Since we are talking about getting started in business in this episode, once you decide on your company name and logo, you can create a few custom items to see how it feels. Put the name and logon on a coffee mug, order yourself  some custom pens. Just test it out to see how it feels before you commit to the final copy. 

Use my affiliate link and go to where you can set up a free 14 day trial  account. Send yourself a few products and see how it feels. 

When you sign up for a pro or executive account, I’ll share some of my designs with you that have been generating results for me!

Continuing in month 3-6

Obtain necessary skills - depending on what type of business you are starting, will depend on the types of skills you need. If you aren’t good at sales, take some sales classes. If you aren’t good at leadership, take some classes, if you don’t know what is involved in running a business, take some classes. Do this before you get started, so you have a better chance of finding success earlier, not after you open your doors. You’ll always need to be learning and there are different ways to get the information that you need, but the more you do this before you open the doors, the less mistakes you’ll make when the doors open.

Research carriers, IMO’s, Aggregators,industries etc.If you are going on the agency side, who will you write your business with? I think it is really important that you really do your due diligence here. Get the contracts. Read them. Have your lawyer review them. Sit on them and make sure you ask questions. Don’t take anything for granted. It’s easy to sign one, it is not always easy to get out of one. It might mean going to a few industry events to ask people who they are using, getting some feedback from others before moving forward. By doing this part before you open your doors, you will save yourself a lot of time and aggravation down the road.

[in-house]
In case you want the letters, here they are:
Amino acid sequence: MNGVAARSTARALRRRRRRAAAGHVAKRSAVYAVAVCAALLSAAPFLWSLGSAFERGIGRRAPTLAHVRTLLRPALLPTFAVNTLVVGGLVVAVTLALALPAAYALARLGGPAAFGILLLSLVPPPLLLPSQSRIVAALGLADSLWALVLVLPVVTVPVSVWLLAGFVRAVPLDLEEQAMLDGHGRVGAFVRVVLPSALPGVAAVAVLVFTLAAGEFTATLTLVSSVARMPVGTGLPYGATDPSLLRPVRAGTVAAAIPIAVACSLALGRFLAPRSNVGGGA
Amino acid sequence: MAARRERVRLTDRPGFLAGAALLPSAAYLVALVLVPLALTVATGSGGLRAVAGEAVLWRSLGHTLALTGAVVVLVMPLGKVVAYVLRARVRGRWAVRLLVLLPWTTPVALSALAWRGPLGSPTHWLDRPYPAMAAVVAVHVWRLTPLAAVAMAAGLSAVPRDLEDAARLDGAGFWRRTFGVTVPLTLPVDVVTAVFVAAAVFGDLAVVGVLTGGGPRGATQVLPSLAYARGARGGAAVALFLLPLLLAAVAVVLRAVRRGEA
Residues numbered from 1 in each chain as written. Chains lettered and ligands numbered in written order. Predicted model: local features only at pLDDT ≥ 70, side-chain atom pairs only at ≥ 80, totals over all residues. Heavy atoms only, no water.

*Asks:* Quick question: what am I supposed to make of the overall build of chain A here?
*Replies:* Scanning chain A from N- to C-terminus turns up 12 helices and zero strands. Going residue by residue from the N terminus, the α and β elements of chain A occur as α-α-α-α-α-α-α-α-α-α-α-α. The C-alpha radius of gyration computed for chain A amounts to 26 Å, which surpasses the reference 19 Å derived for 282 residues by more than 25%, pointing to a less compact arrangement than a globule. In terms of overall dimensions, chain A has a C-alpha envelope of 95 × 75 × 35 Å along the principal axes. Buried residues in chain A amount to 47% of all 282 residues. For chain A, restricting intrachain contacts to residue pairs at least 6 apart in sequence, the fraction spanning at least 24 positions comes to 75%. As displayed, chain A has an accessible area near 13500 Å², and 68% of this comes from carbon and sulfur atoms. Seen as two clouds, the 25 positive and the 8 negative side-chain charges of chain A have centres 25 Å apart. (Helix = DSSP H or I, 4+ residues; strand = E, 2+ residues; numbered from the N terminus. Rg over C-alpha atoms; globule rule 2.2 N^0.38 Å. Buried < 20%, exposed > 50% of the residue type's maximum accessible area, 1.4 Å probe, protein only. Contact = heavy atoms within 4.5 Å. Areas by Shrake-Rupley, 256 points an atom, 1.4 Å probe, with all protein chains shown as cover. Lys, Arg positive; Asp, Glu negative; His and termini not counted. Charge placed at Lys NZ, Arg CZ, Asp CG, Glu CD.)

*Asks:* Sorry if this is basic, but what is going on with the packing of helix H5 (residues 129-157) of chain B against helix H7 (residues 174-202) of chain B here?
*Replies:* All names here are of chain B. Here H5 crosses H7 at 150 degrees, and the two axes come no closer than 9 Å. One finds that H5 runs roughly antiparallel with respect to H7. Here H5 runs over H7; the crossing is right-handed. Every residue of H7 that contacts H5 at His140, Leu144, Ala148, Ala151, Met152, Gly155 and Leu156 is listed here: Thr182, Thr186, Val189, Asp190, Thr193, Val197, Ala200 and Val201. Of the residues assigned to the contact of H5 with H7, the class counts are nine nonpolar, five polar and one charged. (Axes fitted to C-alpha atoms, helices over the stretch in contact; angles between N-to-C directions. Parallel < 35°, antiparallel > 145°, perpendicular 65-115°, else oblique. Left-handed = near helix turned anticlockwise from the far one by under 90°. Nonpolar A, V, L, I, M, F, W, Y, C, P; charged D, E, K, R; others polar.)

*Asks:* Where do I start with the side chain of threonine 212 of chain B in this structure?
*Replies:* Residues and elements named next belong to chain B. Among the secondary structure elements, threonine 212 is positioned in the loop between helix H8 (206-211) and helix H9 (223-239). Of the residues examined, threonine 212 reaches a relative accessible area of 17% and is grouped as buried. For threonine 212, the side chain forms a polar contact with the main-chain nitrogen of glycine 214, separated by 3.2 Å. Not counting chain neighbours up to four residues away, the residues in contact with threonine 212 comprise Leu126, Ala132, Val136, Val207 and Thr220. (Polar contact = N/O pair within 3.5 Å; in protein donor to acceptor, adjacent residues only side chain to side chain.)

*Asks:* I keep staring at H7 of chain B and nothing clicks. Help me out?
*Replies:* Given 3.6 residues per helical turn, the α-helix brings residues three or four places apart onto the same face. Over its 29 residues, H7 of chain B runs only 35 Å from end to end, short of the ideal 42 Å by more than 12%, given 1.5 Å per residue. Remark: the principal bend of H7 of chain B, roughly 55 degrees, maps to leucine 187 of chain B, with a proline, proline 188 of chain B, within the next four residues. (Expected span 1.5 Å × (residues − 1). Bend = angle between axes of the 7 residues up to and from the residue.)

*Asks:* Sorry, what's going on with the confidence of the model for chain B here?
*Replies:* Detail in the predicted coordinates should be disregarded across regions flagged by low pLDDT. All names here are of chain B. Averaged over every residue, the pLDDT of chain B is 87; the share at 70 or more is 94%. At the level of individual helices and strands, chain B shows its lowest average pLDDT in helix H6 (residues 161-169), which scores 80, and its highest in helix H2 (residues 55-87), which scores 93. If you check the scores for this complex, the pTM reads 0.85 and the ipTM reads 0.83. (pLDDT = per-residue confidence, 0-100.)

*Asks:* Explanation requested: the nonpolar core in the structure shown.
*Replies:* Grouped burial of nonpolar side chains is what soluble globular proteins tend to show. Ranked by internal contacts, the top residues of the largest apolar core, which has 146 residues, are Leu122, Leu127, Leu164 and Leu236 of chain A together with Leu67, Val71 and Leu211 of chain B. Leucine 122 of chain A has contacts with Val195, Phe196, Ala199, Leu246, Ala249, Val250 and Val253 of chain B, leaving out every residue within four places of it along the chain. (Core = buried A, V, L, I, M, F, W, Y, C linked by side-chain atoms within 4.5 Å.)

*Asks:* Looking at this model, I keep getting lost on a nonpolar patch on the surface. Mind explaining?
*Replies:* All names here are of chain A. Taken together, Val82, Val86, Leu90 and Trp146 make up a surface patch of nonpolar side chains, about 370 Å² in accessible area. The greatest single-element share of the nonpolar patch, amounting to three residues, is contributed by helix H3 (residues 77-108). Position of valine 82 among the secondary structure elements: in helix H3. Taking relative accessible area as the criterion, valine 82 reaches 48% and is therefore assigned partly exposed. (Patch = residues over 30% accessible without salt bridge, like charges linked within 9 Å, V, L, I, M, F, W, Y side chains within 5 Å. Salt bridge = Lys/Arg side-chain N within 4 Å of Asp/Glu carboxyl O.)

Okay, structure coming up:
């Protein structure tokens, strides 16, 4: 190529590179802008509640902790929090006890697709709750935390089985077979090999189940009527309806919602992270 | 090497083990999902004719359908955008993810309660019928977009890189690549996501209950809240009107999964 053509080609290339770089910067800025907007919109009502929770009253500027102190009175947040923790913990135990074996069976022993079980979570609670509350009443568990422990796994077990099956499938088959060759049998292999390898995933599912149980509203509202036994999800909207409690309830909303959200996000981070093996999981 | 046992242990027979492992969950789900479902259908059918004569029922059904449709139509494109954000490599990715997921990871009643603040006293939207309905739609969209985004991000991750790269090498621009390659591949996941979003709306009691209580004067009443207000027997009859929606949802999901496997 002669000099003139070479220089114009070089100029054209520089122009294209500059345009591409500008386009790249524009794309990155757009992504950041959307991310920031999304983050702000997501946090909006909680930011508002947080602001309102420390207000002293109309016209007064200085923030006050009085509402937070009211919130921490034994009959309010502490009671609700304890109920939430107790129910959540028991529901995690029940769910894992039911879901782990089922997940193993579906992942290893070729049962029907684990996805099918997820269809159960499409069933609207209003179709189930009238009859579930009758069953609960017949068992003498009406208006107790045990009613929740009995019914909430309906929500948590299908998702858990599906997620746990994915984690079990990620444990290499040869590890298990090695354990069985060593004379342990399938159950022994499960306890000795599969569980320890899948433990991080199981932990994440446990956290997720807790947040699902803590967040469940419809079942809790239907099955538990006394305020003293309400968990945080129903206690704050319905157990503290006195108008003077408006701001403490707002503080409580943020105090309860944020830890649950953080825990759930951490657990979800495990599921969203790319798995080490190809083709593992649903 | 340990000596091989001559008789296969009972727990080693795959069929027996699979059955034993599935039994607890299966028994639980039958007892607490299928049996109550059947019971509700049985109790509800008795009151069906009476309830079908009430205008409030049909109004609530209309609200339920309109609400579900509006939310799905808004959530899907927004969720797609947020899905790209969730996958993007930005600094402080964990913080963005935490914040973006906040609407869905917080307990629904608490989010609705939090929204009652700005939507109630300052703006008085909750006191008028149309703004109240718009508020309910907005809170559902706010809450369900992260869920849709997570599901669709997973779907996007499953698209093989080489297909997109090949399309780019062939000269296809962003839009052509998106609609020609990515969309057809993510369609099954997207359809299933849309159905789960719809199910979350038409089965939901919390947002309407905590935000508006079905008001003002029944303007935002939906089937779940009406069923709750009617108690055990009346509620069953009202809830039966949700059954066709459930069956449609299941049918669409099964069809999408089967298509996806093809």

• Topics to consider:

    • What are the sales expectations, what technology do they provide? 

    • Can you test ride it? 

    • What type of support is available? 

    • How are commissions paid? 

    • What about overrides and contingencies? 

    • What happens if you want to leave or move to another organization?

    • What happens if you sell your business?

There’s a lot of information you need before you sign up that will help you to be more successful. 

Since there’s a lot of information to planning to open your business, we are going to stop here for today. We’ll pick up what to do in the next episode. 




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This episode of the Business of Insurance podcast is produced and hosted by Debbie DeChambeau, CIC, AAI, CPIA - an entrepreneur, business advisor, insurance professional  and content creator. Her goal is to inspire you to think differently and explore ideas that disrupt the status quo. 

Debbie has an extensive business and marketing background with a focus of helping insurance professionals be more successful. She also works in the health insurance space, focusing on helping people navigate the Medicare Maze.

She is the co-author of Renewable Referrals.

Connect with Debbie on LinkedIn, Twitter or Instagram